Pedro Sánchez’s tribute to writer Almudena Grandes

by Deborah Cater
Almudena Grandes - tribute by Pedro Sanchez. Image_ RAE via Flickr under creative commons license

In EL PAIS, the Spanish Prime Minister Pedro Sánchez devoted beautiful words to the Spanish writer Almudena Grandes, who died last week. She described herself as a republican, leftist and anti-church and felt responsible for telling the history of Spain.

Sánchez praised her joy, commitment and the important role she played in passing on the history of Spain. 

Tribute to Almudena Grandes 

“With the rigour of a historian and the freedom of a creator, she wrote about who we were to tell us who we are today.  

We have lost one of our best writers far too soon: Almudena Grandes. Her role was fundamental not only for Spanish literature, but also for understanding our country and dealing with our most complex scar.

Dedicated to history

She was a tenacious and very courageous storyteller, an insatiable reader and a committed citizen, dedicated to history. She was determined not to forget either the fallen or the participants in the Spanish Resistance and all those who have been defeated by history. Almudena wrote, with the rigour of a historian and the freedom of a creator, about who we were in order to make us realise who we are now. A titanic literary effort entitled Episodios de una guerra interminable (Episodes of an Infinite War) to remind us that memory is not only about the past, but also about our present and, indeed, our future. The literature of Almudena Grandes has made the memory of Spain more worthy. 

Dedicated to the left

From ideals with which she confronted the world and from which she always looked with a critical, valuable and combative eye. With her often uncomfortable gaze – which penetrated our daily lives – she was always in search of justice and brought to light the unreal and the useless. Dedicated, above all, to life. And with joy. 

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 Because Almudena made literature more than a profession, more than a passion, more than an obligation. She wrote her books from the kitchen, she wrote by the sunsets of Rota, she wrote from the heart of her city, Madrid. She wrote through newspaper archives, history books, describing our country through the hearts of those who disappeared, through their invisible and unique lives. She wrote through the eyes of different generations of women. She deciphered the defeats of our living and our dead. She wrote with joy and beauty, she sketched a war, a post-war time, a wounded and rebuilt country.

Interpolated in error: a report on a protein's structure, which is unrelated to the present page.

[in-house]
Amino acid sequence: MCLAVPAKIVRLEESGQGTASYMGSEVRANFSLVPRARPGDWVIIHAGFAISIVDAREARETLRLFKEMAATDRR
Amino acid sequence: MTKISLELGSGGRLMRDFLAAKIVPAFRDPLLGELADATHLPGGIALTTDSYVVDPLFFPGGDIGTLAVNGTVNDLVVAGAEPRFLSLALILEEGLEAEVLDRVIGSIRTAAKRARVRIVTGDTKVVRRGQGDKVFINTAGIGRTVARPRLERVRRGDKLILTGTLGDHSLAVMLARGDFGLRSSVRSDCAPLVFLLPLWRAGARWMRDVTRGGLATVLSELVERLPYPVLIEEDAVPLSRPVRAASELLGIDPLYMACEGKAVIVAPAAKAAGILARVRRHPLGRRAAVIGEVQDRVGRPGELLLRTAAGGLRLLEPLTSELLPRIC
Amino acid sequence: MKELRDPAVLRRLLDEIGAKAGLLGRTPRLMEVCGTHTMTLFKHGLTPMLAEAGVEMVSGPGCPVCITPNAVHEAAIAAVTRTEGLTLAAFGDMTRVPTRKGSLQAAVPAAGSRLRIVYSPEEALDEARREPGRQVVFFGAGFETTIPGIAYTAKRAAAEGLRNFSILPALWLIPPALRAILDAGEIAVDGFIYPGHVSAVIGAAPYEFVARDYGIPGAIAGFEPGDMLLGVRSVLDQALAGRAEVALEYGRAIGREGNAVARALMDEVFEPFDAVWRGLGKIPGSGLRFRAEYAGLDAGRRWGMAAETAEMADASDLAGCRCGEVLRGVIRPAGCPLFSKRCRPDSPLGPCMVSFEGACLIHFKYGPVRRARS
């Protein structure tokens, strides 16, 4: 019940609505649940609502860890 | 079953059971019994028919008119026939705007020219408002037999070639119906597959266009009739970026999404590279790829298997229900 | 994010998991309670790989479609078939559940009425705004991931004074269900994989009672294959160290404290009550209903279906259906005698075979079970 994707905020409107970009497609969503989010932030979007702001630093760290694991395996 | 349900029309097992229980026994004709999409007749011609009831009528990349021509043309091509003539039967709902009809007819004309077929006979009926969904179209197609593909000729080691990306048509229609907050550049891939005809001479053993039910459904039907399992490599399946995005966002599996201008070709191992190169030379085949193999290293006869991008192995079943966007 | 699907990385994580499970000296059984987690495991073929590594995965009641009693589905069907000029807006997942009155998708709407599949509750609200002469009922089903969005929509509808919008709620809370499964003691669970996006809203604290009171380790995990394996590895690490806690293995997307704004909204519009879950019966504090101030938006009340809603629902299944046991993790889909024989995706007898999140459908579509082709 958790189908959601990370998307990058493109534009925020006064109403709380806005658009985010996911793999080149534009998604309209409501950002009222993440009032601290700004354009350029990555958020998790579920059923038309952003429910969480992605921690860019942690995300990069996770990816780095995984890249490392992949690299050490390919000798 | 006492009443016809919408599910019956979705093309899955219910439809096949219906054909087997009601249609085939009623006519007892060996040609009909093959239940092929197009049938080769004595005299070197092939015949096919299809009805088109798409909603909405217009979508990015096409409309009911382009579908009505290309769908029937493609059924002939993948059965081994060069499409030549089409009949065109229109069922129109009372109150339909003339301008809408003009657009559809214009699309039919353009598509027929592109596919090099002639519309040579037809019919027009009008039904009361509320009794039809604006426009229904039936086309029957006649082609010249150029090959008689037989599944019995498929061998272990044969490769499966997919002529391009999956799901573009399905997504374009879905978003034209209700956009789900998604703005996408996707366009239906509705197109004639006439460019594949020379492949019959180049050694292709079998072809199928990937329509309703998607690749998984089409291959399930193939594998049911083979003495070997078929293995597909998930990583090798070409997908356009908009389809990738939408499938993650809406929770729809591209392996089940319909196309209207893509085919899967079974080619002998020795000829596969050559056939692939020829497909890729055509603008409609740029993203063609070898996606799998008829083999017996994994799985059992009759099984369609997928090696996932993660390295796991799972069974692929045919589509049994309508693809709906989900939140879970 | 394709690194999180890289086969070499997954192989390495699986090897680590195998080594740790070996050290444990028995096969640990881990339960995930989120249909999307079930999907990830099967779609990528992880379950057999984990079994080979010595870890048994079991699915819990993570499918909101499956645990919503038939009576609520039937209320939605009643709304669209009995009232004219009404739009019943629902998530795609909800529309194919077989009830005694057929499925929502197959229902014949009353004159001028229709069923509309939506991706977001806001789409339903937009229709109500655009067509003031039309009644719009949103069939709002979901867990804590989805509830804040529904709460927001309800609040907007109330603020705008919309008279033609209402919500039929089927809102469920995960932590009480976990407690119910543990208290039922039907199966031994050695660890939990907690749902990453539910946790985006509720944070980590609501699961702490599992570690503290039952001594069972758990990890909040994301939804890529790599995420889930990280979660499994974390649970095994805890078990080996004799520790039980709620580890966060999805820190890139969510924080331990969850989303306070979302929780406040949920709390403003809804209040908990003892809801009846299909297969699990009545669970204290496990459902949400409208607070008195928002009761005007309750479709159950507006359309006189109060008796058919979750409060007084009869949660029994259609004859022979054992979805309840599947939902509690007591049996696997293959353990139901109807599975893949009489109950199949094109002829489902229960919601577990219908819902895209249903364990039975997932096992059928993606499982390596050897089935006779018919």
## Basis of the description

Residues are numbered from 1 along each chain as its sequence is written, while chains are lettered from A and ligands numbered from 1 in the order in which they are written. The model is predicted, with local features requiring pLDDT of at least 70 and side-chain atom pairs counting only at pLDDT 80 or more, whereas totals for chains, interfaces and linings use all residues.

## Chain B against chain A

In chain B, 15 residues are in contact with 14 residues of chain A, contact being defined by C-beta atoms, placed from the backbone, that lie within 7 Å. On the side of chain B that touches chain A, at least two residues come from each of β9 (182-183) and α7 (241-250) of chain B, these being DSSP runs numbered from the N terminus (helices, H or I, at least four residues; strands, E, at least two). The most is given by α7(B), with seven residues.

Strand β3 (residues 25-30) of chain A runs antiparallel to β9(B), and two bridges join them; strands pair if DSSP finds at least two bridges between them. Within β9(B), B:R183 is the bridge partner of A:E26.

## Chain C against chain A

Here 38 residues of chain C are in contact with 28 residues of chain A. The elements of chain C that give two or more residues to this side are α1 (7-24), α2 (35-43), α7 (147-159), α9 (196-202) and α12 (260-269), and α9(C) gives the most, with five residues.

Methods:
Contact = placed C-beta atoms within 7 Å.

An unforgettable voice

A voice that we will never forget – a voice that came through in her columns on Spanish TV station Cadena Ser in the morning – that portrayed the people on the streets. The real people, the women and men who live in our country. She portrayed us all, in her determination to make the everyday the great battle of life. Almudena Grandes will be missed in Spain. We will all miss her on the pages of this newspaper, in Escalera interior and in her columns on Mondays. And, of course, the readers of her novels will miss her. 

 But her books live on in every bookstore and in our homes. Our daughters and sons and the next generations will know the history of the vanquished, the small stories that took place on the margins, the big questions about the still anonymous names defeated by an inexorable history. 

Readers were her freedom

Almudena wrote in one of her last columns that we readers were her freedom. And that writing was her life. We are lucky that her words will continue to speak to us. Just as Galdós, whom she admired, continues to tell us about Spain. Just as we, like her, keep returning to the Odyssey* to find our way. And we will have to learn to remember her, as poet Luis García Montero described in his book that he named after her: Almudena.”

 *Editor’s note: ‘The Odyssey, the book my grandfather gave me when I made my first communion. That is the most important book I ever read in my life, because it was the first book I read in the first person plural, as if I was living the same as Odysseus,’ Almudena Grandes wrote on Twitter in 2019. 

 Tip: Read Spanish writer Almudena Grandes dies at the age of 61 

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